No, I really didn’t ‘enjoy’ pumping, but it did offer me a reprieve from being my baby’s only source of nourishment 24/7 and the freedom to be able to stay away for more than a few hours at a time. It allowed others to feed and bond with both of my babies and enjoy those close quiet snuggles.

But pumping is no picnic – it takes time and energy at at a period in your life when you sometimes feel short on both. Here’s how I made pumping work for me:

  • I bought a double electric pump. It is faster and you typically get more volume when you use a double pump
  • I brought it with me every time I was away and kept pumping at my regular nursing times (if I was in a hotel I brought a cooler bag with me or asked for a room with a fridge)
  • Once my babies dropped a night feeding I pumped at that time for a while to build a freezer stash
  • I kept my pump plugged in and ready to go right beside where I usually nursed and kept the pump parts in the fridge (if pumping multiple times a day instead of needing to wash and sterilize every time)*
  • I used microwave steam cleaning bags for easy weekly sterilization
  • I regularly replaced the membranes so the pump was as efficient as possible
  • I laid freezer storage bags flat in the freezer so they thawed quickly and were easy to store
  • I froze milk in 4oz portions as it was enough to fill up my babies and not have any left over


Now, double electric pumps can be pricey. Here are a few ways to help with the cost:

  • Some extended health benefits will cover up to $200 for a breast pump – you will likely just need a prescription from your health care practitioner
  • Shop around – I purchased mine off It was much cheaper than the Canadian site – even with the exchange
  • You don’t need the fancy brand name milk storage bags – generic store brand work just as well for a fraction of the price
  • Check out mom’s buy and sell groups on Facebook. There are often brand new in the box pumps available (make sure you check them out in person)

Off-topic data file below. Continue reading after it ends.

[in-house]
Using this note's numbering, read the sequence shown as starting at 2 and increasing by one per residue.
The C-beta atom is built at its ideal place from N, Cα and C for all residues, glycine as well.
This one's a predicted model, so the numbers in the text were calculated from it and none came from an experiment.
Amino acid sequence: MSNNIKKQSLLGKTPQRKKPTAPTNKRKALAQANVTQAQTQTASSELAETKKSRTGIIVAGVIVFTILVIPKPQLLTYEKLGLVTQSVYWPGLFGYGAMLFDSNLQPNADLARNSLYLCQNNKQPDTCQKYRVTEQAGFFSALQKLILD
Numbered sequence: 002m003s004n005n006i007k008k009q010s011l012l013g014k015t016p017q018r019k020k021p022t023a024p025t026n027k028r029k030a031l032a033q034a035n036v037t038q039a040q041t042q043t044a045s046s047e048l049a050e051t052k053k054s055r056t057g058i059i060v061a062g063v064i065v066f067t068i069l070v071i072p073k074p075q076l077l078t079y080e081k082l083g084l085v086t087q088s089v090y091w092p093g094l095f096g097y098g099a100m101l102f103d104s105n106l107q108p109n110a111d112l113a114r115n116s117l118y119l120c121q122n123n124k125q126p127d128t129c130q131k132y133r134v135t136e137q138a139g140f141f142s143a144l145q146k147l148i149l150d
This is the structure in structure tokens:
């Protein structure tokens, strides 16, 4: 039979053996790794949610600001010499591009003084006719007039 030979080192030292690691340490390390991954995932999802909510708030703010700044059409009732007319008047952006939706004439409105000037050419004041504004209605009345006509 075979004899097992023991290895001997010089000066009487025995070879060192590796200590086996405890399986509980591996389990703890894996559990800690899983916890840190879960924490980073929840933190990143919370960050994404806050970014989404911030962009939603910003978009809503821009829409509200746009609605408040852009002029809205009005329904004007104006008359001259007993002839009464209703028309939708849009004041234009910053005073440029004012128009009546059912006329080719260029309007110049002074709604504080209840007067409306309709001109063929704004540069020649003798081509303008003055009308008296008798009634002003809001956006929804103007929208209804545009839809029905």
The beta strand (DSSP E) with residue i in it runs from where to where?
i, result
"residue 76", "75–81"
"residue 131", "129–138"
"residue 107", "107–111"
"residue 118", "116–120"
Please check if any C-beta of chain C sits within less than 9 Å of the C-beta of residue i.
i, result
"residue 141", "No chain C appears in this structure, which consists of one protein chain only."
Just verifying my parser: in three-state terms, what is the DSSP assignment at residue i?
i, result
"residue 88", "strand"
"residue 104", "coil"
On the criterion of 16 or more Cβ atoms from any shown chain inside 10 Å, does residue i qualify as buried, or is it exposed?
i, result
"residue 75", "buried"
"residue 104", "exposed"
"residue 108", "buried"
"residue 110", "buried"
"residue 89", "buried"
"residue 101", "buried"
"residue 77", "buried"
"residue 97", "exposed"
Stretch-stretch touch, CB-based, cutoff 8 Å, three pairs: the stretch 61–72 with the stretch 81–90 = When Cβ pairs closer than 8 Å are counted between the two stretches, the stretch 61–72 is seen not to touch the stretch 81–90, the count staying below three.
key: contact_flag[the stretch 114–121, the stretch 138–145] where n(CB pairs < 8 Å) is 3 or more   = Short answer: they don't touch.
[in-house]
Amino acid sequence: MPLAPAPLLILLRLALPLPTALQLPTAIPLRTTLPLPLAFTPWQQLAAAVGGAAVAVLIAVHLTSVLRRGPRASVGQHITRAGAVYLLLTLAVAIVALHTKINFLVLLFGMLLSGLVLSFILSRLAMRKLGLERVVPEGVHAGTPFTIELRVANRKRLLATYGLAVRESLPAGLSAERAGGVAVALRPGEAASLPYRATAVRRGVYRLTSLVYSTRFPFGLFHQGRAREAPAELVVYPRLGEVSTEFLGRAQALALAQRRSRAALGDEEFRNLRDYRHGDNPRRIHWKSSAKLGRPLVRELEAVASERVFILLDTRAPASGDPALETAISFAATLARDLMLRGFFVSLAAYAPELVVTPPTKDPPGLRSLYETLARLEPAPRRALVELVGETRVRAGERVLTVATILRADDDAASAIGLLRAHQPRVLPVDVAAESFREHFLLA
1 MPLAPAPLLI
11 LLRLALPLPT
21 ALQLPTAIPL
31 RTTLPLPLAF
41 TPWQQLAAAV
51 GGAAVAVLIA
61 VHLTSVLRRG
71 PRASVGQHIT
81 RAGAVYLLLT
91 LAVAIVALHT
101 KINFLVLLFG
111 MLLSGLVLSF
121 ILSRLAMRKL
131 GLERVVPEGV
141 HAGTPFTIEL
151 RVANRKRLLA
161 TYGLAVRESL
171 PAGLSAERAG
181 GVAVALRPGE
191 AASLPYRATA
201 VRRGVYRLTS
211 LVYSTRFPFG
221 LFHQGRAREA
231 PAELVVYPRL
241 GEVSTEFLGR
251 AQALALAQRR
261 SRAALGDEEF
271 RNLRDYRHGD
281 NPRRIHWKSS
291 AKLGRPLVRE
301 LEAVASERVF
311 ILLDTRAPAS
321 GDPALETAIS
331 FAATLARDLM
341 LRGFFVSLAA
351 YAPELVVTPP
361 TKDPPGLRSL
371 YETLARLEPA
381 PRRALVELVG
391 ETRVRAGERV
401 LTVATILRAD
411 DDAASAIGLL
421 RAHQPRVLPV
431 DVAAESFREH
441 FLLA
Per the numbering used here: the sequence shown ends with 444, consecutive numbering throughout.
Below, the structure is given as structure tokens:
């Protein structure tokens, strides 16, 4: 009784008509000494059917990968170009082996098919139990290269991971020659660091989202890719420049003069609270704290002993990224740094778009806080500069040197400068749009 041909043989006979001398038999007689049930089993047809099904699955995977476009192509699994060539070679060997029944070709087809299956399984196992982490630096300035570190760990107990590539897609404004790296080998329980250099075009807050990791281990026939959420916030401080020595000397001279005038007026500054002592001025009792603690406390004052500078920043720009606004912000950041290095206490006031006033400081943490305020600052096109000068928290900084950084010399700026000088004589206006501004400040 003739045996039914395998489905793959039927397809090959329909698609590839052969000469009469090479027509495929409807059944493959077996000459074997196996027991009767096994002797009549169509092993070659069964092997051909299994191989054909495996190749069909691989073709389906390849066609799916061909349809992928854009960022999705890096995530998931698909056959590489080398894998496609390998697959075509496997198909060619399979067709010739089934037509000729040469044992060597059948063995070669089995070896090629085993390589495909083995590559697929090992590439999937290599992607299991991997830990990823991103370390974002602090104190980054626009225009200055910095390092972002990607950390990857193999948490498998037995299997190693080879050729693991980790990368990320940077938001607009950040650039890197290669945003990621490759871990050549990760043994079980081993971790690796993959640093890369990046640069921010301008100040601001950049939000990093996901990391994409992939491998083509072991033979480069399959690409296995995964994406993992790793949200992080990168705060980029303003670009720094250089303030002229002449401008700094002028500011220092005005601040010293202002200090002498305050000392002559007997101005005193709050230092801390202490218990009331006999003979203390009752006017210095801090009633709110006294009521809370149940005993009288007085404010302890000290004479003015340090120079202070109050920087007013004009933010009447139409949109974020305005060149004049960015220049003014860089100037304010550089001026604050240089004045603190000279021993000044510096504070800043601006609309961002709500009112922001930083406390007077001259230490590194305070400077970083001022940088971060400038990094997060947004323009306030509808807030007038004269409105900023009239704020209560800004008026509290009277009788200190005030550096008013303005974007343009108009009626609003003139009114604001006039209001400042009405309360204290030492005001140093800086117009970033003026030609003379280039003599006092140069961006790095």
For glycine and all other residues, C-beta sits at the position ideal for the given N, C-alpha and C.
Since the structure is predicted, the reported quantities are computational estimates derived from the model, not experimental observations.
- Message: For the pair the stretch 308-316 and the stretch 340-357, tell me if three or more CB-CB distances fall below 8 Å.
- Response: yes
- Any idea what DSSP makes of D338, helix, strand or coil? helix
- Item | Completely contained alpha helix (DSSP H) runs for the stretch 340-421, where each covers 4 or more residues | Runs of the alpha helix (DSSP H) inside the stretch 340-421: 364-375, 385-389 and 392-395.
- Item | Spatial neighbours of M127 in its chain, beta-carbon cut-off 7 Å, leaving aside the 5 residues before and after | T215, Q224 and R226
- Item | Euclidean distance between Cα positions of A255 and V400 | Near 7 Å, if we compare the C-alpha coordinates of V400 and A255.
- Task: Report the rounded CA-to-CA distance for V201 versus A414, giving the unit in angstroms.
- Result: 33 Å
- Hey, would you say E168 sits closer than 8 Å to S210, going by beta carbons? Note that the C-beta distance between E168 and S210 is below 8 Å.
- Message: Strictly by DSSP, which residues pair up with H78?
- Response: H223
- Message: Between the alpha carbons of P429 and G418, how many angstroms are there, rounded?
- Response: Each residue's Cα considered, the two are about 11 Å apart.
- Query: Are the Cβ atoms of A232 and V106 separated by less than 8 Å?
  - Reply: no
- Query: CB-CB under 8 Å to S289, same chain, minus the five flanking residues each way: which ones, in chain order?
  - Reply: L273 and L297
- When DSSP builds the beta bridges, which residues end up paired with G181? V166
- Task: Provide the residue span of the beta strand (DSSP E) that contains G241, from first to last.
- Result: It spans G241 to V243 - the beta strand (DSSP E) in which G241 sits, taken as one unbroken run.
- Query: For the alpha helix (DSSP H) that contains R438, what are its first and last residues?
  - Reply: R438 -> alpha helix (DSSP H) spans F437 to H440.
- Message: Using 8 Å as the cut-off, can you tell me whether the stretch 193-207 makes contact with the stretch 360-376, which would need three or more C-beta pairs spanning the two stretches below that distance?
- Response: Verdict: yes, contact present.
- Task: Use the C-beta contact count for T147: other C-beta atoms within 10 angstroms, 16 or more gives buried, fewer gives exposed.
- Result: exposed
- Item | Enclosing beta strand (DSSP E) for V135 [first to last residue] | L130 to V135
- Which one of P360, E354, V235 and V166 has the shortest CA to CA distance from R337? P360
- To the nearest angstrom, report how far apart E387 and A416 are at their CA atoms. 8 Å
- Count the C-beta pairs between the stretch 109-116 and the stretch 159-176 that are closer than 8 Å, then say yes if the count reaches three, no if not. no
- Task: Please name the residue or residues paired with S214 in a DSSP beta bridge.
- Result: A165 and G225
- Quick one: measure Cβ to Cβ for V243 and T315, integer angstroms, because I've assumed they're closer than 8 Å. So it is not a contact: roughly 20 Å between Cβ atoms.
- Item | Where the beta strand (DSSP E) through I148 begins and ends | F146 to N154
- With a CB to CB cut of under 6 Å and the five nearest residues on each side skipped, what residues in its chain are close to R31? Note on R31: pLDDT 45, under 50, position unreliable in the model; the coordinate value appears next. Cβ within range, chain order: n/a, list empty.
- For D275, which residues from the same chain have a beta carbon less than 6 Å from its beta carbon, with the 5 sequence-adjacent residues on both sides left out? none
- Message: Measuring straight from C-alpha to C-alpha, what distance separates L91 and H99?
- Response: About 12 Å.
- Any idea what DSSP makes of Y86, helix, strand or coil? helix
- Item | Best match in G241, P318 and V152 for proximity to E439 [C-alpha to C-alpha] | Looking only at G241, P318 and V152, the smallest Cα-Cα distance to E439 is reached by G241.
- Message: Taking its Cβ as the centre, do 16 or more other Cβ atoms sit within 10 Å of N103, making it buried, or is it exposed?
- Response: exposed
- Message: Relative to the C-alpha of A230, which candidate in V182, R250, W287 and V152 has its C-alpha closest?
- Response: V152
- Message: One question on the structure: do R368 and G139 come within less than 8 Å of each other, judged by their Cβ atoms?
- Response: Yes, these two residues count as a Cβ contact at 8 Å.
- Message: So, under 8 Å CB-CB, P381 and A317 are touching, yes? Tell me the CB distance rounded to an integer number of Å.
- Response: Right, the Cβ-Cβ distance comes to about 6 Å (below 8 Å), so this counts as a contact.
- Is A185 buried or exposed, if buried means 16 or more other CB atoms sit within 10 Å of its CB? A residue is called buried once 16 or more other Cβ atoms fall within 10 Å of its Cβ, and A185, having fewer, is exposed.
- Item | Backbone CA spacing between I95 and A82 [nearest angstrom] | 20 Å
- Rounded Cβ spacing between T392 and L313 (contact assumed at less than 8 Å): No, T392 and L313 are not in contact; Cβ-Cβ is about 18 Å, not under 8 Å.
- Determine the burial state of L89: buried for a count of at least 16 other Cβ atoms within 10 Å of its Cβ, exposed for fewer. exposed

• You can buy used pumps and replace the breast shields, valves, membranes, and bottles (the only parts that touch your skin or milk) for around $30
  • Think carefully about your needs – hand pumps are extremely efficient and perfectly fine for occasional pumping and many hospitals and pharmacies will rent pumps too. You might want to try these options first if you are unsure about pumping


For reference – I used the Medela Pump In Style and I loved it. It met all my needs. The tote bag style was convenient to carry all the required paraphernalia and I loved the included battery pack and cooler.

Pumping isn’t for everyone, neither is breastfeeding. That’s ok. It has to work for you and your family. It worked for me which is why I share my story.

If you’d like some more info on pumping – or maybe even just some words of encouragement to keep pumping longer – send me a message! I’d love to chat.


*if your baby is premature or has other complications you should speak to your healthcare practitioner before doing this.

Reclaiming Mama’s Time – preparing for a night away from baby

Today I’m preparing for a weekend away with some friends – SANS kids (or partners)!! To say that I am excited would be an understatement. But it’s more than that for me at this point – it’s almost a necessity. Ok, I will most certainly survive without it but it’s definitely help me to be the kind of mom I want to be. Let me explain…

It’s been a trying month. I started a new job, my partner traveled extensively, and the sickness has made its way around our house. Mama is tired. My ‘to do’ list is long and my patience is short. It’s time for a break.

But this isn’t the theme of my post. I want to help YOU to prepare for a night away – because YOU deserve it.

No need to be fancy or elaborate –  sleeping at your parents house or crashing at a friends place is fine. We’re just looking for the opportunity to rest and restore your body and your soul and bring you back to the parent you want to be.

But I can’t leave my baby! My family won’t survive without me! What if someone needs me? No one else can handle it! This is impossible! 

Are you anxious yet? Have you given up on the idea?

Don’t! Let’s work it out step by step…

Start incrementally. If you’ve never even left for an hour maybe starting with an overnight trip is too much. Build up to it, even if it takes a few months to get there.

The bedtime routine is a place where we often feel anxious that no one can do it like we can. It’s true – it will be different, but that doesn’t mean bad. Try letting your partner or other caregiver handle a few bedtimes first before your big night away.